Does this demotion sound familiar? The same Limbaugh farewell just played out in the red state of Indiana where the talker was dumped by his AM home of 22 years, WIBC in Indianapolis. After WIBC announced the programming divorce (the station was reportedly having trouble finding advertisers for Rush’s show), no other stations in the market stepped forward to buy Limbaugh’s program, which meant he had to be bailed out by iHeartMedia. The radio giant shoehorned Limbaugh onto its lowly rated all-sports channel in the market. (Current rating: 0.5.)

So why the obsession with finding Limbaugh even a low-rent home in places like Boston and Indianapolis? The answer revolves around clearance. “Rush Limbaugh is heard in every measured radio market in America, and that will continue to be the case in Boston,” Premiere’s Rachel Nelson told the Boston Globe last month. In other words, Limbaugh and his syndicator are determined that his show be heard (or cleared, in industry-speak), in every radio market in America — and especially in major markets — no matter what.

“It looks like Premiere parent iHeart will end up doing the same thing in Boston it’s doing in Indianapolis as a last resort: bringing Rush back in house on a marginal signal just to maintain the clearance,” noted NorthEast Radio Watch this week.

That, obviously, is not a blueprint for long-term success.

In terms of trying to sell the show to national advertisers as well as maintaining the Rush reputation as the most powerful talker on the dial, Limbaugh and Premiere simply cannot have Rush’s show off the air in places like Boston and Indianapolis. So Premiere’s parent company is willing do whatever it takes to make room for Limbaugh, even if it means sticking him on a ratings doormat at the far, far end of the radio dial and surrounding him with sports talk shows.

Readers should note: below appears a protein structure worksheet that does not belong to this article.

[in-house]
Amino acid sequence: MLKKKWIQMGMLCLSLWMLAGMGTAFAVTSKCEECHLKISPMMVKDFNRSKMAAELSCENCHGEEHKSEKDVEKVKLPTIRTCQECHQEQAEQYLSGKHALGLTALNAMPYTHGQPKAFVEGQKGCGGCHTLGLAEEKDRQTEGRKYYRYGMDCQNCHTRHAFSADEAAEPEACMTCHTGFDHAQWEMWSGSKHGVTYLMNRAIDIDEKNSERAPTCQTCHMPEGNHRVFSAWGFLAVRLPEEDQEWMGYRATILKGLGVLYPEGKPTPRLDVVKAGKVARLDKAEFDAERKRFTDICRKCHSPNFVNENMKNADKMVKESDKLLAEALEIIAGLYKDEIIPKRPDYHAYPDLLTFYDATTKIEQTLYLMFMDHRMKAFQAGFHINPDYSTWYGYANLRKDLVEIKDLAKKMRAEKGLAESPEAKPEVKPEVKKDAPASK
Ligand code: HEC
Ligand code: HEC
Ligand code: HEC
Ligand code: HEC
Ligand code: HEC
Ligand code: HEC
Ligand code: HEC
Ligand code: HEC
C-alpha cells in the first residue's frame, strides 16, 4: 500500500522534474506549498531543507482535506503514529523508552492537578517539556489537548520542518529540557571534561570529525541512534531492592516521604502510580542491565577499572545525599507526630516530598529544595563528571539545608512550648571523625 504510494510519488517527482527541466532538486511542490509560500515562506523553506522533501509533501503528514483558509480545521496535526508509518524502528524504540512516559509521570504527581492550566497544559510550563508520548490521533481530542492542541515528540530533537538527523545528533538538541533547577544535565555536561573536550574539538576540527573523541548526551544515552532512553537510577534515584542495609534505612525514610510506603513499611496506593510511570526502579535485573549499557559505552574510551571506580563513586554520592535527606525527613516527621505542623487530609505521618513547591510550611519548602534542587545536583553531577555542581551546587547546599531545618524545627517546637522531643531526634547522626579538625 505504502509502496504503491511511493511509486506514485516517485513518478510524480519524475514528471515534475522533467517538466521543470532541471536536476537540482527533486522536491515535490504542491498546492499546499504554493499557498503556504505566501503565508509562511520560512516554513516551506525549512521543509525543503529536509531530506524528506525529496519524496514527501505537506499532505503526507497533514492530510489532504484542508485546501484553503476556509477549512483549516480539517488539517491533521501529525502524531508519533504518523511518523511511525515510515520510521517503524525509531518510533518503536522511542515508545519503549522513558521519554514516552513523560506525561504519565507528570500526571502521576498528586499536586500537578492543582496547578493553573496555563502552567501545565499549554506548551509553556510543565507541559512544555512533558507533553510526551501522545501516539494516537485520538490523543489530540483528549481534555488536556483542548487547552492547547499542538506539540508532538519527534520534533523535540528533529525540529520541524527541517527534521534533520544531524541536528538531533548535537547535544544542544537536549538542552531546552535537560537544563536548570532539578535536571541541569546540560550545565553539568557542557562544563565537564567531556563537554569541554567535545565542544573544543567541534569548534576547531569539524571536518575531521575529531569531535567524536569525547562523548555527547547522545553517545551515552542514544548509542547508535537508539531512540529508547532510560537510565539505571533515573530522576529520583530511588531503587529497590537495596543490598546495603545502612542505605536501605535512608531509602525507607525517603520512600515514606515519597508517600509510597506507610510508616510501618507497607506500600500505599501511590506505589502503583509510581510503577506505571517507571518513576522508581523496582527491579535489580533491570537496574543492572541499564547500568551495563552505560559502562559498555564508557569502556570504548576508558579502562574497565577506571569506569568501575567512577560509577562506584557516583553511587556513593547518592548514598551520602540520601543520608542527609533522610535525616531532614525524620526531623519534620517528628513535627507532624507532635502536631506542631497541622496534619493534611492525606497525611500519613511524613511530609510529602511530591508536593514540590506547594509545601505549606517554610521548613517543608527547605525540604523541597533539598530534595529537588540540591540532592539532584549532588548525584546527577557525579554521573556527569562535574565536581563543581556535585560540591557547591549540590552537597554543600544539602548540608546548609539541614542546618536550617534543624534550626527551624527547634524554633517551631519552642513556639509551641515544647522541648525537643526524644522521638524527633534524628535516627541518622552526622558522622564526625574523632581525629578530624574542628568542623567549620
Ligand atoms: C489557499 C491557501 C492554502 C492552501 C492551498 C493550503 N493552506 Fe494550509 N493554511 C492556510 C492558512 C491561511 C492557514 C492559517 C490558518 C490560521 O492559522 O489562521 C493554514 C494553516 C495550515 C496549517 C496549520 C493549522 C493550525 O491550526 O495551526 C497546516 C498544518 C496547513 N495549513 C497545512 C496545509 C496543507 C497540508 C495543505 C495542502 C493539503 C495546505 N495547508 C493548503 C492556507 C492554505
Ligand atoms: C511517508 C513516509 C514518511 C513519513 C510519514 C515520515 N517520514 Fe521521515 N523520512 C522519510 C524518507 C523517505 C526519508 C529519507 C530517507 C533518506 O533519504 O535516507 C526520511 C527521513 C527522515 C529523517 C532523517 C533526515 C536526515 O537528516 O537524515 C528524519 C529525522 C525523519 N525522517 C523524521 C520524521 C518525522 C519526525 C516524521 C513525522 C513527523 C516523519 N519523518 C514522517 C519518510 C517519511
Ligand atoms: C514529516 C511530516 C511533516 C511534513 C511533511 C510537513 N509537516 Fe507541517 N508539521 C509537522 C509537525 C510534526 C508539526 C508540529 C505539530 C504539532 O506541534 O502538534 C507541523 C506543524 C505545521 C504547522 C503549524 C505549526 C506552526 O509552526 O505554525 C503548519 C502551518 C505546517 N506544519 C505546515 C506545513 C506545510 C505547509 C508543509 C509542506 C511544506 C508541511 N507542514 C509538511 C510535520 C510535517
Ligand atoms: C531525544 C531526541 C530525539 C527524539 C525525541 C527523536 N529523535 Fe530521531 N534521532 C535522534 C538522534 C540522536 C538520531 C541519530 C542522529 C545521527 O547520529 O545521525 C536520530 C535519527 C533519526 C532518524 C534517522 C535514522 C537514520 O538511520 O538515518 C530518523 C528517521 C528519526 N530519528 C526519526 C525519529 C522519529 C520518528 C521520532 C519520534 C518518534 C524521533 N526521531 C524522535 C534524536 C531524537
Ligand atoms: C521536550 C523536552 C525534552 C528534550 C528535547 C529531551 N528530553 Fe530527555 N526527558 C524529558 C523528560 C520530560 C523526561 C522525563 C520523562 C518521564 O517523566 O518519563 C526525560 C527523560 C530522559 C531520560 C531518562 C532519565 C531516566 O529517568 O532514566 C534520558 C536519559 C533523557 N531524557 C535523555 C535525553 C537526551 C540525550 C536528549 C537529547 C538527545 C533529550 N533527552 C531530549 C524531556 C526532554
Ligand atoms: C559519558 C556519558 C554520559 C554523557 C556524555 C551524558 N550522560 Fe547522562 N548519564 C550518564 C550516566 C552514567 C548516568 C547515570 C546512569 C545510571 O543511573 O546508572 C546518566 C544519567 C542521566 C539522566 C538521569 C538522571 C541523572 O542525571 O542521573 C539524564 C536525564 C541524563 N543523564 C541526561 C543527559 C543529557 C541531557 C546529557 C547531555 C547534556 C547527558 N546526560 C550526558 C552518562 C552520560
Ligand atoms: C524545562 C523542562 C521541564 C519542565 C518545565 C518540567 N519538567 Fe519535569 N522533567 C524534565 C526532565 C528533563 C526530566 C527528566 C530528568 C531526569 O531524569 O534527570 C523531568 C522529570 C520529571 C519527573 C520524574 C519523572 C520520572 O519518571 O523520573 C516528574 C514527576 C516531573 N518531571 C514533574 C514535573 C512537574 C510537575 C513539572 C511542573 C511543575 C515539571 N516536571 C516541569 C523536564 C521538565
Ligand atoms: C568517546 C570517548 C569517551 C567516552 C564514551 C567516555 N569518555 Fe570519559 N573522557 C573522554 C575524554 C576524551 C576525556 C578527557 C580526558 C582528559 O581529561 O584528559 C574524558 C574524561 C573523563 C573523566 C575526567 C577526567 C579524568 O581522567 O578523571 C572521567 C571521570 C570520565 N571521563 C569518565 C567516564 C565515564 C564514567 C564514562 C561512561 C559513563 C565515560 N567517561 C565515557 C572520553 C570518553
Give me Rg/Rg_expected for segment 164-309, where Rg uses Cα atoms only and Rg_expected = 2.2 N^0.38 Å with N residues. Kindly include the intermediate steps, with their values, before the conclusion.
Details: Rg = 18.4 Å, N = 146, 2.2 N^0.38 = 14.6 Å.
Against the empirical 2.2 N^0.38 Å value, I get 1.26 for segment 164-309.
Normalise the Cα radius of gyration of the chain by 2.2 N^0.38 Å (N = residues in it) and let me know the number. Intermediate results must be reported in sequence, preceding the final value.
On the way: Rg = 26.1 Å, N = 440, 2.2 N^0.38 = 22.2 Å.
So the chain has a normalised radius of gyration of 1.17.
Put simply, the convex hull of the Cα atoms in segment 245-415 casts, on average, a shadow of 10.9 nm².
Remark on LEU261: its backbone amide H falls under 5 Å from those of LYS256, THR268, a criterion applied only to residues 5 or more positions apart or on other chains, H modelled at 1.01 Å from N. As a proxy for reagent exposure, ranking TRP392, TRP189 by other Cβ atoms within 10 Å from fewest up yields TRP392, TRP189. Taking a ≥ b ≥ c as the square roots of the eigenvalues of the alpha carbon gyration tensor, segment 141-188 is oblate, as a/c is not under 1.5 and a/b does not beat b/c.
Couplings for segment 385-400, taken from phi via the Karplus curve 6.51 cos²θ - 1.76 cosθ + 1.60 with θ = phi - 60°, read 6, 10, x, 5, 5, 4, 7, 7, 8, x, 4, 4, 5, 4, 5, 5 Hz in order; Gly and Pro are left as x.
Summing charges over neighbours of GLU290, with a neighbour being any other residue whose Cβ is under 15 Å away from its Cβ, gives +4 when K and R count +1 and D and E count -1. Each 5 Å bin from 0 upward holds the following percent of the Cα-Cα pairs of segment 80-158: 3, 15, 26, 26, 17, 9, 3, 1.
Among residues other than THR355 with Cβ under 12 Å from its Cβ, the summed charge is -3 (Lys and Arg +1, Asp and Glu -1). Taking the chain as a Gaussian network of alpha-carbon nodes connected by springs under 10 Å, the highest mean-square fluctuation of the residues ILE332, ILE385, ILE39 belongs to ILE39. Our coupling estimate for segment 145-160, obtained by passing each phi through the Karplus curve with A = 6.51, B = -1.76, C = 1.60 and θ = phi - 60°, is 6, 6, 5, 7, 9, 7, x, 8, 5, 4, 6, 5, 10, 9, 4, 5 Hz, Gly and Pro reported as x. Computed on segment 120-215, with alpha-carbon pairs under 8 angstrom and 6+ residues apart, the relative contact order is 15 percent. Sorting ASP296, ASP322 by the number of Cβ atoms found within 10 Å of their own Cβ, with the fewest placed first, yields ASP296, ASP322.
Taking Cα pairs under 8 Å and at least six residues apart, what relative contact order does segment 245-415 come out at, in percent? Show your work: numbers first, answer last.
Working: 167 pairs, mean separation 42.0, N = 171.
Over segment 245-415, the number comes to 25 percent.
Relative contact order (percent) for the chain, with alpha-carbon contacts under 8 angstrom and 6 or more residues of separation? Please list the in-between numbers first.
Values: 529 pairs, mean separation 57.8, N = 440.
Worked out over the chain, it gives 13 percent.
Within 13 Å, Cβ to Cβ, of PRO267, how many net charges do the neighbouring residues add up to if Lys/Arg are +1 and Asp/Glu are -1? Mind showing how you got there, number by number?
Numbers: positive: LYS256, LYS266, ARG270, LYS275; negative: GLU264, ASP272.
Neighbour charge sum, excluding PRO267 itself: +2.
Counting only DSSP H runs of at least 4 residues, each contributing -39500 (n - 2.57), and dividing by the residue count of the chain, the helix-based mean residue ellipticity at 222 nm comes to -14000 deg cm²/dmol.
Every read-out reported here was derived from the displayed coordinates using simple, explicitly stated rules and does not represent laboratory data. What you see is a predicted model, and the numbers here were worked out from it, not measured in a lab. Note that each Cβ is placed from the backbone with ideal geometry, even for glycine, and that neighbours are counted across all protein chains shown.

The question now is how many more cracks in the dam is iHeartMedia going to have to plug as more markets decide they’re not interested in Limbaugh’s program?


By: Eric Boehlert, Media Matters for America, June 17, 2015

June 18, 2015 Posted by | Media, Rush Limbaugh, Talk Radio | , , , , , , , , , | 2 Comments

“The Only ‘Marginal Behavior’ Is His”: Rush Limbaugh’s Finding Out He’s Not Normal, And It Scares Him

I am not normal.

This, I learned from a news story 35 years ago. The details have faded with the passage of time, but the gist of it remains clear. Some expert had crunched a bunch of numbers in search of the “average” human being, the planetary norm, and found that she was an 8-year-old Japanese girl, living in Tokyo. I don’t fit that profile; I’m willing to bet you don’t, either. So as a matter of statistical fact, I’m not “normal” and neither are you.

I’ve always found that story a useful corrective whenever I am tempted to declaim too haughtily on what is or isn’t normal. I offer it now to Rush Limbaugh in the vain hope it will help him rethink his assault last week on the woman who used to be Bruce Jenner. Granted, the story was about planetary norms and Limbaugh was ranting about American social norms, but the principle still applies.

As you doubtless know, Jenner’s transformation into a woman named Caitlyn has been quite controversial. She has been praised for her “courage” by President Obama and called “brave” by Ellen DeGeneres. At the other extreme, one David French, blogging for the National Review, dismissed her as a “surgically damaged man,” while a Matt Walsh on Glenn Beck’s website, The Blaze, called her a “mentally disordered man.”

And we have recently learned that, back in February, Mike Huckabee cracked about wishing he could have identified as female when he was in school so he could have showered with the girls. As inadvertently revealing as that “joke” feels, it is Limbaugh’s response that really helps us understand why those who are threatened by, and viscerally angry about, Jenner’s transformation, feel as they do.